Before my husband died I had very little belief in anything afterlife. I thought anything beyond our physical world was “woo, woo,” and wishful thinking. In hindsight this was more of an intellectual idea rather than based on fact or research. I just took it for granted and assumed that when the physical body dies, the light goes out forever. The end of the road.
On the other hand, my late husband Glenn was a true-blue believer that we go on after our body dies. He would often say, “I know there is something bigger, better and it’s all about love.”
The last time Glenn said that to me was our last night together as we knew it. We were having one of our many late-night conversations in bed when out of the blue I said, “What would you do if when you die you wake up on a cloud waiting in line for your robe and harp?” Instead of laughing like most people would do, he grabbed my hand looked at me in the eyes and said, “You will be okay.” Less than a week later I was a widow.
Once Glenn was gone, I didn’t like the idea that his light was gone. Glenn was a shining light of grace, joy and kindness so I decided that I would see if I could connect with him somehow, whatever that meant. Because I was a non-believer, I assumed connecting with my late husband would be the most difficult of all, impossible. Wrong!
Then the dreams came where Glenn explained why he died so suddenly. This led me to meditation to see if I could connect with him in my waking state. I started practicing short-guided meditations that I found on YouTube. I had practiced meditation 15 years before. I went through a phase where I meditated 2x per day using a strict westernized Hindu technique. Although I found it a relaxing practice, I was never able to truly settle and clear my thoughts so it was always a struggle and after a while I gave it up.
So, when I started meditating again, I was surprised to find that unlike my past experiences where I would sit restless without much enlightenment, I was able to immediately relax and enter the “zone.” Another strange thing happened to me is that when I would close my eyes to meditate, I would often see Glenn in my mind’s eye, almost immediately. He would just be there, as if he had been waiting for me. He often looked younger, mid 20’s, smiling at me with that look of love he always had. He never said a word but I started to get messages from him. It was as if he was talking to my heart. It would be a sudden “knowing.” Many such occasions we would have two-way conversations in my heart. It was so easy to do.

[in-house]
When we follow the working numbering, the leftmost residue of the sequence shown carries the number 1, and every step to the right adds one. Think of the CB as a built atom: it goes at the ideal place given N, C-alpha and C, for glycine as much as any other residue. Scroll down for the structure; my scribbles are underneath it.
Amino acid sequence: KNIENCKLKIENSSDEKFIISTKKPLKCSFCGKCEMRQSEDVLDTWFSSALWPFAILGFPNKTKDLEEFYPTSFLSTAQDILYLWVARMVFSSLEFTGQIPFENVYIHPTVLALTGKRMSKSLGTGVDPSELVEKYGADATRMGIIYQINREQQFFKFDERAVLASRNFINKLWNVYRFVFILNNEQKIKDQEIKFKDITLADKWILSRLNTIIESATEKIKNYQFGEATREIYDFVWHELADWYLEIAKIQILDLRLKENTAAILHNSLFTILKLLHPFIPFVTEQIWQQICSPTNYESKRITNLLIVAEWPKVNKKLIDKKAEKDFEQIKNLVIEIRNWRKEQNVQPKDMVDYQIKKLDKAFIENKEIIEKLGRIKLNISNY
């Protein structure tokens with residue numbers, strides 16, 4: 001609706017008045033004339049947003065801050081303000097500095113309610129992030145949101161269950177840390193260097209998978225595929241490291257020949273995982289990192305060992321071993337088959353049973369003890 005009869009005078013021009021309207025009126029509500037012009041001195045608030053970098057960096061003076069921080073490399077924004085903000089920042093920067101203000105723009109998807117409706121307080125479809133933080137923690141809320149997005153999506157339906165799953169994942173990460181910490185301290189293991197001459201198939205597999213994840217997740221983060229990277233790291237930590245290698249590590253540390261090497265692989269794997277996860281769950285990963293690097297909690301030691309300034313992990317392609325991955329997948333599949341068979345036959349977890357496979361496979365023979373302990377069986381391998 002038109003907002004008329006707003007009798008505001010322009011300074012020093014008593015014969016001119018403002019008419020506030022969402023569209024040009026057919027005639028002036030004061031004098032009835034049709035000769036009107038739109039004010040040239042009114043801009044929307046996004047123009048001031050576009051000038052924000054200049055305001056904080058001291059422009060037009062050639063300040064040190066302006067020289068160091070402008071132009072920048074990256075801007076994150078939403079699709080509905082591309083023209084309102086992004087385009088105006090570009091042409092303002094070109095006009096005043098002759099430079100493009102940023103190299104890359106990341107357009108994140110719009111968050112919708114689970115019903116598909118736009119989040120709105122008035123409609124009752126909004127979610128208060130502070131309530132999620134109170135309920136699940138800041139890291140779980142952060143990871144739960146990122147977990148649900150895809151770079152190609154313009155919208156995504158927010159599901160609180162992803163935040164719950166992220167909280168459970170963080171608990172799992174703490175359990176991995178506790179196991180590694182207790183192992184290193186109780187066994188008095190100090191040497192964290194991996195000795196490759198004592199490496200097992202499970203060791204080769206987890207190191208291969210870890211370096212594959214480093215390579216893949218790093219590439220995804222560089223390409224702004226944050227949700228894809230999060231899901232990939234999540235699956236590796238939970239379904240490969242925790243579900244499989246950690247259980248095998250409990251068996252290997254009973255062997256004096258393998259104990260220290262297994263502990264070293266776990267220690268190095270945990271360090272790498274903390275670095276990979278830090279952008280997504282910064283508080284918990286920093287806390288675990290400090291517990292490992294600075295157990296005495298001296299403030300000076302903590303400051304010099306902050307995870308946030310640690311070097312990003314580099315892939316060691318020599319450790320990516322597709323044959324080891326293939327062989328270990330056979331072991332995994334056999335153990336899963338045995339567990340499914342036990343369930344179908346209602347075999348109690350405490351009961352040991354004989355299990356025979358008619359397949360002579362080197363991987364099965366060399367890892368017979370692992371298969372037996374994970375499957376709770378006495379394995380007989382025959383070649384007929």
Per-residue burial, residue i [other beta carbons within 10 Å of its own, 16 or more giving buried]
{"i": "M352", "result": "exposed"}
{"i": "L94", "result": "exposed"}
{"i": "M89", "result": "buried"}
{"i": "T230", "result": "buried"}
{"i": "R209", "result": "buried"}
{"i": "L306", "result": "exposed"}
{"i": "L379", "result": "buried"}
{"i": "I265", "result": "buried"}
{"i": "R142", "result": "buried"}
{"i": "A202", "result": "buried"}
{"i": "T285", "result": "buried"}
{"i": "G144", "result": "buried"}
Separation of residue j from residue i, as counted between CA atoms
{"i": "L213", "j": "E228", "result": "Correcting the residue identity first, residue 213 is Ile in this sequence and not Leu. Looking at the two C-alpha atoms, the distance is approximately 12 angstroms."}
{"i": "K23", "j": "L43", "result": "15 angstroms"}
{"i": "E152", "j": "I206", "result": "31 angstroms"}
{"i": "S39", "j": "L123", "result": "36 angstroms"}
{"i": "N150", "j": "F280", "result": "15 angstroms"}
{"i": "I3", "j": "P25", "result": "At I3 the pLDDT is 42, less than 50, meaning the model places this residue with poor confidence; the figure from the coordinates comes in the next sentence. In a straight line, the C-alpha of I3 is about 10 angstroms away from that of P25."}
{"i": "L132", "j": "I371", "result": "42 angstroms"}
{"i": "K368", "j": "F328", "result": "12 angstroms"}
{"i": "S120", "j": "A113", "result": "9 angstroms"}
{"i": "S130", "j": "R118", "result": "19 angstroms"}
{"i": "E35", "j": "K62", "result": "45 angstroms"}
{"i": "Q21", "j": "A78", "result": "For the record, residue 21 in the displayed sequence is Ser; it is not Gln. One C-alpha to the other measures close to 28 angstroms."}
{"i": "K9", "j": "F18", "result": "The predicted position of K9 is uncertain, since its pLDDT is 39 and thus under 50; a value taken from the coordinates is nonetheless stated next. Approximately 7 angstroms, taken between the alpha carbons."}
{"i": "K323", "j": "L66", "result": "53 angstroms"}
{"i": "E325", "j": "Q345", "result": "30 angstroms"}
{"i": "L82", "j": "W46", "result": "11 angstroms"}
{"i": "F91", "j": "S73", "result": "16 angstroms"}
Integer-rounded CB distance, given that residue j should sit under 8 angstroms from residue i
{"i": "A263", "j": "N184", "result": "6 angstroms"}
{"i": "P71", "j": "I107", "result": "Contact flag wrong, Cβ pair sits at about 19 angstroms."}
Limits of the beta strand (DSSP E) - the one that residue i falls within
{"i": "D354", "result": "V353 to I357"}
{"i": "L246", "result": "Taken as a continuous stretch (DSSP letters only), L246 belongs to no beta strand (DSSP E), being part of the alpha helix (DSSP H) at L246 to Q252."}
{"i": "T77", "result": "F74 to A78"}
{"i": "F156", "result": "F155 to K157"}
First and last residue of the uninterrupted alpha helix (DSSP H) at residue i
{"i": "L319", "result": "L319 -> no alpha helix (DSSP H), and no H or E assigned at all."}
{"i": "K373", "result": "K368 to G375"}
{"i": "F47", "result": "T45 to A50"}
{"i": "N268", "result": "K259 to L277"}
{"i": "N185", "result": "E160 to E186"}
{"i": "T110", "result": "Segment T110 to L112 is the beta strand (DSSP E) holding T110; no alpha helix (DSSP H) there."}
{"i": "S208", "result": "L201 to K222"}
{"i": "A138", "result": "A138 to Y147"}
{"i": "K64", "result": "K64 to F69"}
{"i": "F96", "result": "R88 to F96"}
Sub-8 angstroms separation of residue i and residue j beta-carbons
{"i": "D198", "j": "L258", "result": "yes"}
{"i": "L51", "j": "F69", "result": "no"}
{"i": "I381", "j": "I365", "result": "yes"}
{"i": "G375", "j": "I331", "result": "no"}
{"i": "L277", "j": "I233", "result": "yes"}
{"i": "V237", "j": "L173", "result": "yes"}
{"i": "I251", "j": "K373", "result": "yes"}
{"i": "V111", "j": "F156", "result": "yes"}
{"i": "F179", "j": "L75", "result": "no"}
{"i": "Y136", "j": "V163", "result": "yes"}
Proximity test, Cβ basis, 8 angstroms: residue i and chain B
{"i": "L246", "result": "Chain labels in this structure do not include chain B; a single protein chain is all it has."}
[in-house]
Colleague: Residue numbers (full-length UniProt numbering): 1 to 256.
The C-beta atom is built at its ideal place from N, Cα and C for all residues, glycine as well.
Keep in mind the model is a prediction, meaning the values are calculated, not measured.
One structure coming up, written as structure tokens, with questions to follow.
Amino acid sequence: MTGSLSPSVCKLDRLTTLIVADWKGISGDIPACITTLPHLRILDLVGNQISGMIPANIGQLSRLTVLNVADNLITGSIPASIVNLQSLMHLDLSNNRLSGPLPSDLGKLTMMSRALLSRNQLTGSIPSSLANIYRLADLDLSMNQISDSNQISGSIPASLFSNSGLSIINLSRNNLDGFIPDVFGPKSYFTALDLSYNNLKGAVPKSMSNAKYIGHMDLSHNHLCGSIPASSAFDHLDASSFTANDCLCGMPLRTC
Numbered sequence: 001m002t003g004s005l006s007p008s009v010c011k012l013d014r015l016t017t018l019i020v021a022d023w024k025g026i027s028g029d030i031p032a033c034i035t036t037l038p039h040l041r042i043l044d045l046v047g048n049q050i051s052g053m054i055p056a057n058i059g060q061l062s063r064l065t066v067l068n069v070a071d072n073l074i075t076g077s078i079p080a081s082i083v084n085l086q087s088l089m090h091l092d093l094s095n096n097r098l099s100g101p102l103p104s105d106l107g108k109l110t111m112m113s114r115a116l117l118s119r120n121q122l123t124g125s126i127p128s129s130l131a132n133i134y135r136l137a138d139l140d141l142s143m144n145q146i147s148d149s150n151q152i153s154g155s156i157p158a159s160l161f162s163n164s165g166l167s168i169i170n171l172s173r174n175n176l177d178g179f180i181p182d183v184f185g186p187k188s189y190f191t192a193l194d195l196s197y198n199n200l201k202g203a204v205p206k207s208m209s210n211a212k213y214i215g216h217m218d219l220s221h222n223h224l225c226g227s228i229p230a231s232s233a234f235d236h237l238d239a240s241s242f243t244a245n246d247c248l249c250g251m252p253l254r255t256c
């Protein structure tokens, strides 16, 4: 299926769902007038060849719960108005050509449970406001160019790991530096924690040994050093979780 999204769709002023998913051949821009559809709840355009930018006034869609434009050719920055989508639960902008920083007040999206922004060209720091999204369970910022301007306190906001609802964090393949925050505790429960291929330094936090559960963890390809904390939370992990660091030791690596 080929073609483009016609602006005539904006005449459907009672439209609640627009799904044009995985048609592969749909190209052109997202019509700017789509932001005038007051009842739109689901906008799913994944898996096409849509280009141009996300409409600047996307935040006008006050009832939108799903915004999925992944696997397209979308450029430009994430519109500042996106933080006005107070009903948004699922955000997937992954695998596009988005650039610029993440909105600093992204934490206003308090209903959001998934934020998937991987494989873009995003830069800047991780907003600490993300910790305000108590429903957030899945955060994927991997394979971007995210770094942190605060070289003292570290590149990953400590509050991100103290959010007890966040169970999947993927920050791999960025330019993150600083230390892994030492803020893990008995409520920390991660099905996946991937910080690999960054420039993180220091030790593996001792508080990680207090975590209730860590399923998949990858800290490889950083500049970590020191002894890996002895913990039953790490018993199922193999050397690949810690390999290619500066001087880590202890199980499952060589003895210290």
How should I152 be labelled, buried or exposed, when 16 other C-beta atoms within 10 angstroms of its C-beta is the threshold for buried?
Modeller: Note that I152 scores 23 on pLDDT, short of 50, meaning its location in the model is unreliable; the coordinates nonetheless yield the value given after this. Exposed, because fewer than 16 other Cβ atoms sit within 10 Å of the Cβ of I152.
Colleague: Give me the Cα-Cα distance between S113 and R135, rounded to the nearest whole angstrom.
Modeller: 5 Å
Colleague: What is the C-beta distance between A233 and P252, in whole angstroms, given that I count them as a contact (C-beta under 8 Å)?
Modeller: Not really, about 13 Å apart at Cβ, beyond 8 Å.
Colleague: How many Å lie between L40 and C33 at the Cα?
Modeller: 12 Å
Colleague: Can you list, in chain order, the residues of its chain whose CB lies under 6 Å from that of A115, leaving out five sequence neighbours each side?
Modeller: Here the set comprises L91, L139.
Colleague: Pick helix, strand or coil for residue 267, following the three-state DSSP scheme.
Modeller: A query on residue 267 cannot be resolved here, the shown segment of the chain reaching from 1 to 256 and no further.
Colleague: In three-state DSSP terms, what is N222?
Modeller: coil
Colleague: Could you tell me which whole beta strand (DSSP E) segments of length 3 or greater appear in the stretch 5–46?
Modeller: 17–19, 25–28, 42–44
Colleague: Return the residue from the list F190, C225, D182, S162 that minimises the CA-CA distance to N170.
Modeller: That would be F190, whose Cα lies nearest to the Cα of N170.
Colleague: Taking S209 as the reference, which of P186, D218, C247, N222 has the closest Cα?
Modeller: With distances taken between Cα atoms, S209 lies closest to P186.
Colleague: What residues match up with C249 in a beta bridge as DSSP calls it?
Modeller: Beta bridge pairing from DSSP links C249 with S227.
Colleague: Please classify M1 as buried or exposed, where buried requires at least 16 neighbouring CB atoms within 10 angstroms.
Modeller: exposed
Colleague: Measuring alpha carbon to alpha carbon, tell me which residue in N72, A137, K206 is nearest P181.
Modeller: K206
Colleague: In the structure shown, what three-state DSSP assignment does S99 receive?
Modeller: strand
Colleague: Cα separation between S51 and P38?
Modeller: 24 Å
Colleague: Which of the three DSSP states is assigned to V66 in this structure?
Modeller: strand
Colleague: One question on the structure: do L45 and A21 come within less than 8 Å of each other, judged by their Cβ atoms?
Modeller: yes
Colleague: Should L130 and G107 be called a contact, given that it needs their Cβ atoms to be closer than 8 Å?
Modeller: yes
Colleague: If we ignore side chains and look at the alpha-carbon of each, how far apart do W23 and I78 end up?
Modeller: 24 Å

I didn’t fight this, nor did it scare me. It was very natural, actually and I accepted these connections without a hesitation. The more I wanted to connect with Glenn, the more I did. It wasn’t forced, just a natural flow of energy.
In hindsight the connection with Glenn was always there. He sent me a sign in the hospital while still in coma that he lived on. I write more about this in my forthcoming memoir, “Finding Glenn.” In short, the day I received the terrible news that there was no hope for his survival a mysterious package of cookies from his favorite childhood bakery (3,000 miles away), showed up on his nightstand without any explanation as to how they got there. The night he died and I returned home to our home, I felt his presence so strongly as if he was just in the next room. This feeling lasted for two years. I found myself rushing home after work just to feel him and be in the home we shared together.
I’ve thought about these moments many times over the past seven years. I’ve had many more connections with Glenn. They continue to this day and I can only assume they will always be until we are reunited someday. What that means, exactly I do not know. But what I do know, is like Glenn’s belief, “I know there is something bigger, better and it connects us all and it’s all about love.”